The Legend of Aang: Earth

[SOEE #75]

This is the third of five Avatar shows, covering the second season of this amazing animated series.

Once again this episode has spoilers so we don’t recommend you listen until you’ve seen Book 2: Earth.

Joining me once again to talk about Earthbending, a heightened sense of emotional engagement and the most wonderful blind character in all of creation, I have Daniel Floyd, Pixar animator and the voice of Extra Credits, Joshua Garrity of the Cane and Rinse podcast and The Animation Archives, and from Gonzo Planet, Sharon Shaw, Jerome McIntosh and Duane Griffiths.

Next week, Book 3: Fire

Author: Alex Shaw

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  1. What’s that at 0:25:20? Flashbacks are going to be in Korra? It’s muffled.

    • With the huge amount of episode time it’s likely there will be flashbacks back to events before, during and after The Legend of Aang. Most of us on the podcast suspect Koh the Face Stealer will make a reappearance at some point.

      • I really hope he does. But what do you mean by huge amount of episode time? Are the episodes going to be longer?

        • Well apparently Nickelodeon have commissioned a further 40 episodes of Korra alone. (14 episodes to extend Season 1 to 26 and a further 26 for Season 2.) That’s over 14 HOURS of Avatar time we have to look forward to. A lot of scope for filling in the blanks in the history. I am jumping back and forth from foot to foot in anticipation!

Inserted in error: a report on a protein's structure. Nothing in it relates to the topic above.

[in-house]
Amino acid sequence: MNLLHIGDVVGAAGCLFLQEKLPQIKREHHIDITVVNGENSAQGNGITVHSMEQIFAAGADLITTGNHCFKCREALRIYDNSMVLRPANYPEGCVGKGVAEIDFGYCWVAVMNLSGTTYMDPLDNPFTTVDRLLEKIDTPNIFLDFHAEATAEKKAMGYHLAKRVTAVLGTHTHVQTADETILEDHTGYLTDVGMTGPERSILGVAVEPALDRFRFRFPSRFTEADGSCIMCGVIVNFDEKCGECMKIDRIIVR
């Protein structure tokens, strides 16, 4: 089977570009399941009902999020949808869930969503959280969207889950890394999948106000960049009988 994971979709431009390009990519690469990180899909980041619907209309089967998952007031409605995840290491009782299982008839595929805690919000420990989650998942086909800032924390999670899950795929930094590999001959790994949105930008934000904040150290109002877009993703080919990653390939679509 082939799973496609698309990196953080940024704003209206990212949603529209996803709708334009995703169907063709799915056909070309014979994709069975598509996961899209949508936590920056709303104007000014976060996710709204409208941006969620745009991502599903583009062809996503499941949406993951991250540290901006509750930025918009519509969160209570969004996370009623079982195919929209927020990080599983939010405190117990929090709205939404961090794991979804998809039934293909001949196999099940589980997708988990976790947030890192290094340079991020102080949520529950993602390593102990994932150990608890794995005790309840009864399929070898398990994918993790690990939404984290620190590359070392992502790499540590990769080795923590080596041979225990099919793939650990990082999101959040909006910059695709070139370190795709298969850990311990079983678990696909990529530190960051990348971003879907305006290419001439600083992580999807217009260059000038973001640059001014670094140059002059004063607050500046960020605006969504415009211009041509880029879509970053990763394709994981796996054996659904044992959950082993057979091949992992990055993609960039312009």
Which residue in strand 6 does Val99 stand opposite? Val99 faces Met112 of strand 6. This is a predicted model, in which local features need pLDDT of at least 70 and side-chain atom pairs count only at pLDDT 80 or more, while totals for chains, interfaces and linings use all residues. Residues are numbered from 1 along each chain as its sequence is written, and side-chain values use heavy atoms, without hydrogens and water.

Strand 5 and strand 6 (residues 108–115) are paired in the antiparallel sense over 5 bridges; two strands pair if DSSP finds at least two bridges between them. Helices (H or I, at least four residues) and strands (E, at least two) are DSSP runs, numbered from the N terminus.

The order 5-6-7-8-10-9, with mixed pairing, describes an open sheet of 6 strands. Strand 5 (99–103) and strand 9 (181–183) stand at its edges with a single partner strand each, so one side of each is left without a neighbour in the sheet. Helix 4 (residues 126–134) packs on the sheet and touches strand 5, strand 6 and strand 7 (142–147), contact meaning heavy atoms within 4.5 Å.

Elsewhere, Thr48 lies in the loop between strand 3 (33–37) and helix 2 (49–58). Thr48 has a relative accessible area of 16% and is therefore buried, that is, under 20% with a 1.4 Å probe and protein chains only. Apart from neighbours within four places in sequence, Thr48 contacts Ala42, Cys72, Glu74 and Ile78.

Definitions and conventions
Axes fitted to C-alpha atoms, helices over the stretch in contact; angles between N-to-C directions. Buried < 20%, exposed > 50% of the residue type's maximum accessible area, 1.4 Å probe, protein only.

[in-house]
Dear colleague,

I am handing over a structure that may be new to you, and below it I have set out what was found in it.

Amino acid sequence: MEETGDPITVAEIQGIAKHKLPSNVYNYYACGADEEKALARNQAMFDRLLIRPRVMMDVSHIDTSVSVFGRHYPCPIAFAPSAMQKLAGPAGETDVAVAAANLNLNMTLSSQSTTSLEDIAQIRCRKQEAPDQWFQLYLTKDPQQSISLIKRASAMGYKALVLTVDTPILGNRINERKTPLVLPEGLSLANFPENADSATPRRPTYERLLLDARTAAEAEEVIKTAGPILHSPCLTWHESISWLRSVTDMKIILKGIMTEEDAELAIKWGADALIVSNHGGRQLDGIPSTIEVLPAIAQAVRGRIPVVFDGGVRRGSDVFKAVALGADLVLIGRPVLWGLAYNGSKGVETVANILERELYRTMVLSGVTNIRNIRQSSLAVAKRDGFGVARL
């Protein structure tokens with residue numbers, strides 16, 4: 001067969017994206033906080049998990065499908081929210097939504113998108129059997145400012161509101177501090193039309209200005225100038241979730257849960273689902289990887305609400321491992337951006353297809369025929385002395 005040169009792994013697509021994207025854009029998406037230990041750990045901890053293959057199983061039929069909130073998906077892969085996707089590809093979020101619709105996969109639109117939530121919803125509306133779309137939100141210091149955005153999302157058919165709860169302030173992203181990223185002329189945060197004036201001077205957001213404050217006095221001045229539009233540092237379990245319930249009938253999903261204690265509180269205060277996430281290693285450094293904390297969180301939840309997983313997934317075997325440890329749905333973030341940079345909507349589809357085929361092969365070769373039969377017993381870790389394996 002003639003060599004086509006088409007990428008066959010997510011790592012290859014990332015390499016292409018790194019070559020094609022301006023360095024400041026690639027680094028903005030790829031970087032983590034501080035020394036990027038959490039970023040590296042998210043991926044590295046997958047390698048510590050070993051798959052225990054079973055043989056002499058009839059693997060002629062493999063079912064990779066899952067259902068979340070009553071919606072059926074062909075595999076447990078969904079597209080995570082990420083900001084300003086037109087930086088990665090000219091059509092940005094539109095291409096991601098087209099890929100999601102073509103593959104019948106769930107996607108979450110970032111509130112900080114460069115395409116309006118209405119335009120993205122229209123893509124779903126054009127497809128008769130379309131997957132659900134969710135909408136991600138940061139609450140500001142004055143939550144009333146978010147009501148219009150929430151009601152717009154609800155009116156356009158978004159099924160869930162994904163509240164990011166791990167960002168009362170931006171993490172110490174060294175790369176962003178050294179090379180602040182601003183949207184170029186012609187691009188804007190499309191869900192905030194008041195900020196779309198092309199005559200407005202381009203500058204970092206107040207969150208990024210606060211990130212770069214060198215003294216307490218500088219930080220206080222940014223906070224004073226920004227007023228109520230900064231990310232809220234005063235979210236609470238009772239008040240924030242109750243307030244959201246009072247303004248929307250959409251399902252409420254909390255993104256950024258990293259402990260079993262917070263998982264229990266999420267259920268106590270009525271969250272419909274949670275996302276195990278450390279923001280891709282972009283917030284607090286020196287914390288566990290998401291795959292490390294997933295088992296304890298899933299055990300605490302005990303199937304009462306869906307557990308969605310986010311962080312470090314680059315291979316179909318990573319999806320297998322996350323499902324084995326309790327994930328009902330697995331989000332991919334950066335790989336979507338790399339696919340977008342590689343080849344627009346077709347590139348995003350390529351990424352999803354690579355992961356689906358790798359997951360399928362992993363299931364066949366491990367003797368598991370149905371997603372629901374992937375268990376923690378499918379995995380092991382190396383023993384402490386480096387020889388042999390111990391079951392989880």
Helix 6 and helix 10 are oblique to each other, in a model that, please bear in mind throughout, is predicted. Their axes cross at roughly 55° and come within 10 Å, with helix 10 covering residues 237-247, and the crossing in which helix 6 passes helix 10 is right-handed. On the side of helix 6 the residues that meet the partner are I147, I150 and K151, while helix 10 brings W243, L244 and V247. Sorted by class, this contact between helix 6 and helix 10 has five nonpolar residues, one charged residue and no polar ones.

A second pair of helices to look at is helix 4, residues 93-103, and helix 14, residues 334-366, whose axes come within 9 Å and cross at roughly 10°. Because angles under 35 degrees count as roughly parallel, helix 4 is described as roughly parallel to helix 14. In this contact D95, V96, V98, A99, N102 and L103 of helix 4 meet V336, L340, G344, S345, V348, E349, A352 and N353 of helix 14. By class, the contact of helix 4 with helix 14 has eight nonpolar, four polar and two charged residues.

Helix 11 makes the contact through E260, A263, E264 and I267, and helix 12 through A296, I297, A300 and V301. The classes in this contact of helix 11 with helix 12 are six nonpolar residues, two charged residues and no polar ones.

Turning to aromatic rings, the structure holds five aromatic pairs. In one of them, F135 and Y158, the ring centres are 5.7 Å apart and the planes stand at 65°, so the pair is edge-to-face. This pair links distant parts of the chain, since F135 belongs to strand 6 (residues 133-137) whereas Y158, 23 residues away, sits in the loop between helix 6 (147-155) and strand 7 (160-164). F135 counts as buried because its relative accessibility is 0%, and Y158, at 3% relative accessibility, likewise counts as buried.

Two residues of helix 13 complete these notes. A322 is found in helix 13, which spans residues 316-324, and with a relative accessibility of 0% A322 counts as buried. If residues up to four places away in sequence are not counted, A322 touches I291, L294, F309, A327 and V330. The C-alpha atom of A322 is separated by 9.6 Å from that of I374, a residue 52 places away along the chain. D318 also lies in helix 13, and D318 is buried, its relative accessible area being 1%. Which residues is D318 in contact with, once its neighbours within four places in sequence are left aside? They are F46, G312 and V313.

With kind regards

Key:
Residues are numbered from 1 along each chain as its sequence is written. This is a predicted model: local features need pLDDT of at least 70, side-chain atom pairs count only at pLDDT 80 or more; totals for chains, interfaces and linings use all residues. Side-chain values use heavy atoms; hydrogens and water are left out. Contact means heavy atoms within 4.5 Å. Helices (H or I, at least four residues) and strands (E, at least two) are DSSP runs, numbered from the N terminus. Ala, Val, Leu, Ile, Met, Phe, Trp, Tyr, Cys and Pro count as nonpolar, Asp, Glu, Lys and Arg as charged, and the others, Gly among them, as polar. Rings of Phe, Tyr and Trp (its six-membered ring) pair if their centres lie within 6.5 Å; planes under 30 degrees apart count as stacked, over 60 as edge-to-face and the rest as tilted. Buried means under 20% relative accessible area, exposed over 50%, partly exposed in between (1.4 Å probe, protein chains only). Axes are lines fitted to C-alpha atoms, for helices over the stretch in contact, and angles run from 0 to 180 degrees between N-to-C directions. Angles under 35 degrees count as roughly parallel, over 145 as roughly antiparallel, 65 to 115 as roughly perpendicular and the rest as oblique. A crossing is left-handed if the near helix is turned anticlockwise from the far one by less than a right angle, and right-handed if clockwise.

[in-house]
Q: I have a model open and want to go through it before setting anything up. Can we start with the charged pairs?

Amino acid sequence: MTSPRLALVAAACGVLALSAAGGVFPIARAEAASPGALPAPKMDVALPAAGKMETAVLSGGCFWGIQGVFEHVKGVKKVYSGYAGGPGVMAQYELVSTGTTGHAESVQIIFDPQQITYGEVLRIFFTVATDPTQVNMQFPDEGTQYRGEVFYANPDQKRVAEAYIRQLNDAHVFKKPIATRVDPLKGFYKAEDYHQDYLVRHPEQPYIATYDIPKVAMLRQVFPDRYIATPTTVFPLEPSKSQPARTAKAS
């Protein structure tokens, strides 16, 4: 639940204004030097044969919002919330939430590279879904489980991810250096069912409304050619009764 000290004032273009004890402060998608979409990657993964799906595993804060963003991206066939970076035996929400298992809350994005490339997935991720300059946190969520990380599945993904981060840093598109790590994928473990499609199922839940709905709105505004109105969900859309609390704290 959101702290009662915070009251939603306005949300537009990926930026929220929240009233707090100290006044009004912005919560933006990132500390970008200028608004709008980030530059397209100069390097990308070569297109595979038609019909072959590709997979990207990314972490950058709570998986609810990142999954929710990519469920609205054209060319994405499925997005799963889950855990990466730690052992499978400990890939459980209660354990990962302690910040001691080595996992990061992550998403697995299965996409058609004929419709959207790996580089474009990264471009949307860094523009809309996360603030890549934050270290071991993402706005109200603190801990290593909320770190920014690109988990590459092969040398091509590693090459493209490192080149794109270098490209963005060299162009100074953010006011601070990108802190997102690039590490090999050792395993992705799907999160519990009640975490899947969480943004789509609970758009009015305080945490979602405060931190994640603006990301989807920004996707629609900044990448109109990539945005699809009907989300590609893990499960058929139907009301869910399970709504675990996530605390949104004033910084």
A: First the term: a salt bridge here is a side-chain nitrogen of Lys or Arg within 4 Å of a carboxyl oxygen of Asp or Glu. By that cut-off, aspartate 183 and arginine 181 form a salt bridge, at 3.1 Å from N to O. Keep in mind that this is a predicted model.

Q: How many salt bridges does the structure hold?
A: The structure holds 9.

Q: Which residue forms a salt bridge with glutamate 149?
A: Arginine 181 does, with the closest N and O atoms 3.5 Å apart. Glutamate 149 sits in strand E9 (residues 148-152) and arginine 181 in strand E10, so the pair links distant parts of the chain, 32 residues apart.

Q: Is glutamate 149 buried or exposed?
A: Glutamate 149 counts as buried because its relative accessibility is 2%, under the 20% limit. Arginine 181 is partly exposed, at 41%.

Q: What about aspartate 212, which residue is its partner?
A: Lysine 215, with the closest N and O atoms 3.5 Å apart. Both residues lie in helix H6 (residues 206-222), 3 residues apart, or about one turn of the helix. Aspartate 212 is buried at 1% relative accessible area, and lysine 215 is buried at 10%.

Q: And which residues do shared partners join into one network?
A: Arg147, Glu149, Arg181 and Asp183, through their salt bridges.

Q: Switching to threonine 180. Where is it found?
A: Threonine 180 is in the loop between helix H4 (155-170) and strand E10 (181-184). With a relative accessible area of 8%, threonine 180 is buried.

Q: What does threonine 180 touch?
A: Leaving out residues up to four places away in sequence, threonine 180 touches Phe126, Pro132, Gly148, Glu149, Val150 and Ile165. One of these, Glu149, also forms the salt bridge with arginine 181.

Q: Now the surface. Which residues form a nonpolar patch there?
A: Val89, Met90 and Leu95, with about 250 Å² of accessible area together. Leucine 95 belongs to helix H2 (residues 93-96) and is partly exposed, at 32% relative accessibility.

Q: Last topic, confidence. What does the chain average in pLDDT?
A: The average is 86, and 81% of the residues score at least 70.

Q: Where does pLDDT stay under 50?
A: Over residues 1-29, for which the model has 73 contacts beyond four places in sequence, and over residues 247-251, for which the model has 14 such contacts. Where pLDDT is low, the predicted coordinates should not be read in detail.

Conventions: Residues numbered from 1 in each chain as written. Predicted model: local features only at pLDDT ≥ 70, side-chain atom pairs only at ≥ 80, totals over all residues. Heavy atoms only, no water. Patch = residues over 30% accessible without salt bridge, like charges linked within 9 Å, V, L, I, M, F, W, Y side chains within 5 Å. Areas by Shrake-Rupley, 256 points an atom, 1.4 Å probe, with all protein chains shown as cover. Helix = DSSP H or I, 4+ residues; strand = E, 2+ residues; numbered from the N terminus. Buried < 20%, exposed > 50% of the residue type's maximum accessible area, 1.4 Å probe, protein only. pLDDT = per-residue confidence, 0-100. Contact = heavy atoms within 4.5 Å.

• There’s so much space ahead for all sorts of new stories in Korra, but after blazing through Legend of Aang and Korra with Dan/Josh’s recommendation, I have to say I’m feeling pretty anxious at where the series could go from there.

            Seeing at how Book 1 ended, I’m wary that Korra is going to become chained to Republic City, becoming it’s Super(wo)man against increasingly ridiculous baddies. On the other hand, there are still flashbacks to what Aang and co. were up to after what we saw, but there’s a risk they focus too much on what happened in the past, and have Korra as a footnote.